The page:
New Hampshire Senate backs recovery tax credit for businesses
75% credit would be provided to firms donating to recovery-friendly workplace programs
If your company donates to a substance abuse recovery program that works with employees you will get three-quarters of your money back in business tax relief, if the bill the NH Senate approved last week becomes law.
Senate Bill 563, which is currently in the Senate Finance Committee, would give a 75 percent credit against the business profits tax or business enterprise tax for donations made to the Community Development Finance Authority for recovery-friendly workplace initiatives.
The contributions would have to be made in the next biennium, from July 1, 2018 to June 30, 2020, and the credits may be carried forward for no more than five years.
The program, capped at $1 million in tax credits, would benefit “evidence-based practices that reduce substance misuse in the workplace and create work environments that are conducive to enabling persons in addiction and mental health recovery to sustain and re-enter the workforce as productive members of society.”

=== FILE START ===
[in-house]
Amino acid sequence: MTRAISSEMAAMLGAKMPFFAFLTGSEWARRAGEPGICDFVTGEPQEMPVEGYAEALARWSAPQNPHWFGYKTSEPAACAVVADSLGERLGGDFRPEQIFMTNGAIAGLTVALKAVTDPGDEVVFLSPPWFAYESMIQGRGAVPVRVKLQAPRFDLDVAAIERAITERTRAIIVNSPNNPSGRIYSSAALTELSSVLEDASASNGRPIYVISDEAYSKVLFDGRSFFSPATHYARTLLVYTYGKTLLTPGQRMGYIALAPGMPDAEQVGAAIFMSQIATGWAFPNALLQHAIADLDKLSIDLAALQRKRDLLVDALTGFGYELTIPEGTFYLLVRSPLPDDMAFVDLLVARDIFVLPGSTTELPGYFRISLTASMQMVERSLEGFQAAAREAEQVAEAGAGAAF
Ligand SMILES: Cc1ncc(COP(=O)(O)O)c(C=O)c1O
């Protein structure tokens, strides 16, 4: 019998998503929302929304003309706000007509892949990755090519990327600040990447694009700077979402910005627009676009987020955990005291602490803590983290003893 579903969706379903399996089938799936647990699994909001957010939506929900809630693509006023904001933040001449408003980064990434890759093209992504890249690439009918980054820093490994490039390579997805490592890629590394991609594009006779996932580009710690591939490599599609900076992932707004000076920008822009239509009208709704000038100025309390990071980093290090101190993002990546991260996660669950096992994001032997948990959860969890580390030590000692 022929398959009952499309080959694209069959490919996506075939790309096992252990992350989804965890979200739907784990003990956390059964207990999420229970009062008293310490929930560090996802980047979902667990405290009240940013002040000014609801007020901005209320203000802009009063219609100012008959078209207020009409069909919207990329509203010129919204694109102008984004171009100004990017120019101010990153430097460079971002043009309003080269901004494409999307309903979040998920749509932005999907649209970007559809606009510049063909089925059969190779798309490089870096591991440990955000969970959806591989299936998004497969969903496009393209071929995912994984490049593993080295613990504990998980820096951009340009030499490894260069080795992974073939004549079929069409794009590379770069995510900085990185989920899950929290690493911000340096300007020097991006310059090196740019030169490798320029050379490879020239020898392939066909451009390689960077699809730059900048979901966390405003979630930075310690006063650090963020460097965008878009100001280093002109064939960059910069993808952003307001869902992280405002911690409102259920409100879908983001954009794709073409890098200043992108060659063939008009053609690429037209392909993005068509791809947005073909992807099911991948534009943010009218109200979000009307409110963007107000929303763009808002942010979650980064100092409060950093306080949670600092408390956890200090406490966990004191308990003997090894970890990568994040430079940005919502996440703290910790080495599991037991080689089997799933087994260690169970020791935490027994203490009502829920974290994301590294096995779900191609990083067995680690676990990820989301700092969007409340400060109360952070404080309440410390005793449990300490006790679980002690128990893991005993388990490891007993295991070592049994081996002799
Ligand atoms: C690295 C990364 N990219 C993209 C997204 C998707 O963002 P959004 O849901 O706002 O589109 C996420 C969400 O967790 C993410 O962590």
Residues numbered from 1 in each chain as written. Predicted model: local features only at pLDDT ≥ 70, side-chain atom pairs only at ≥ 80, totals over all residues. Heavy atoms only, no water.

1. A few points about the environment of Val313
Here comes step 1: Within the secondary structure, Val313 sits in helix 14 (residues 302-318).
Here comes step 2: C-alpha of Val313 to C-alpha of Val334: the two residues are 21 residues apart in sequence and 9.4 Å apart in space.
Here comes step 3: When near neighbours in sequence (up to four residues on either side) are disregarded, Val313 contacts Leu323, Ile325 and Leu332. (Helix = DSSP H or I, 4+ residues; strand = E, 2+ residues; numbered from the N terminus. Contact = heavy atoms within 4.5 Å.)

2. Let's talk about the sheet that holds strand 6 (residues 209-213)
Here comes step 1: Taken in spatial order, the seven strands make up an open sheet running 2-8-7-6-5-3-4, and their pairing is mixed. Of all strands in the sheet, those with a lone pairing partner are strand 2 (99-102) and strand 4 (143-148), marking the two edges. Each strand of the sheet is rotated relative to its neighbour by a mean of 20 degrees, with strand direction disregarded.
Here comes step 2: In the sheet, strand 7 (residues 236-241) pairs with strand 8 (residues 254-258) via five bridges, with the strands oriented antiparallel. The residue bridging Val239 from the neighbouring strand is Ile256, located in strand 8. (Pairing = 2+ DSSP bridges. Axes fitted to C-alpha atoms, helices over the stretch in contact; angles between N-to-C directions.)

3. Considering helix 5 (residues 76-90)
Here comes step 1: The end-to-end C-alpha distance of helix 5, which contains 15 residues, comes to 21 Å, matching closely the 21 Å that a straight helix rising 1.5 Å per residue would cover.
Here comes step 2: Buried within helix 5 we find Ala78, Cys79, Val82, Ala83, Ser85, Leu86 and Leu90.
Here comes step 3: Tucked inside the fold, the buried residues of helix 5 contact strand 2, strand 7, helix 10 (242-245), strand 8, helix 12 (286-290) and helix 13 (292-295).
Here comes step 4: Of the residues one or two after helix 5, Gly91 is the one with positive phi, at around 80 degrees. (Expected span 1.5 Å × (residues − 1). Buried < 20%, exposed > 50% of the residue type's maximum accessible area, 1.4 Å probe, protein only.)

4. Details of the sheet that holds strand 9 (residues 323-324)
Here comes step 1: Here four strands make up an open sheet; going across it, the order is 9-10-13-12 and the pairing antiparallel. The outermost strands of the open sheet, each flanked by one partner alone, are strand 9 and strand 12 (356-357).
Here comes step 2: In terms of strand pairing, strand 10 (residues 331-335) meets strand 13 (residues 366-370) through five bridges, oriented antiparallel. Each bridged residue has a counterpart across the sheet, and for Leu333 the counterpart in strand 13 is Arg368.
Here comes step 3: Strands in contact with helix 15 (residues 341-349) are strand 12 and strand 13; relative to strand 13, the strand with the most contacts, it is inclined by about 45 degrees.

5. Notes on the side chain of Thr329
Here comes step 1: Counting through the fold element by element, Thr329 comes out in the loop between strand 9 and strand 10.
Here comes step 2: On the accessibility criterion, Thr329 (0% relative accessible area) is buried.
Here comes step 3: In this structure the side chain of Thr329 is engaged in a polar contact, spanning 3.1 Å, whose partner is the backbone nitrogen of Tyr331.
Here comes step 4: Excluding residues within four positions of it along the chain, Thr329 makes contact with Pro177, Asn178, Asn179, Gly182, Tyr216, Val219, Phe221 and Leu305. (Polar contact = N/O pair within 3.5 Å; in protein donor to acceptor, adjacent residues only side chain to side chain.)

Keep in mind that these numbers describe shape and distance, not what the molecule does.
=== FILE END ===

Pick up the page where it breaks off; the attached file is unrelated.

No one opposed the bill, though Sen. Martha Fuller Clark, D-Portsmouth, said she was disappointed that more businesses “were not stepping forward on their own.”
The bill is an example of a targeted tax break that some conservatives shun in principle but embrace when it comes to a program they strongly support.
The Senate last week also passed SB 564, another example of a targeted break providing student loan forgiveness for those involved with the Advanced Regenerative Manufacturing Institute in Manchester.
The bill would help “make New Hampshire truly a hub” of a new industry sparked by entrepreneur and inventor Dean Kaman that is exploring ways to grow organs from human tissue.
The Senate passed the bill on a voice vote with the understanding that it would be more closely examined in the finance committee, but Sen. Jay Kahn, D-Keene questioned it.
“I don’t know how we select one industry over another,” he said.
On the other hand, the Senate fell short of passing SB 411, which, as originally written, completely lifted the cap on the research and development tax credit.
Instead, it amended the bill to leave the cap as is, but required that each applicant for the credit fill out a survey so the Senate can reassess the tax break. Last session, lawmakers voted to increase the cap from $2 million to $7 million. But in February, the House passed a bill that would roll the cap back to $2 million, using the money saved to increase the income exemption for individuals paying the interest and dividends tax.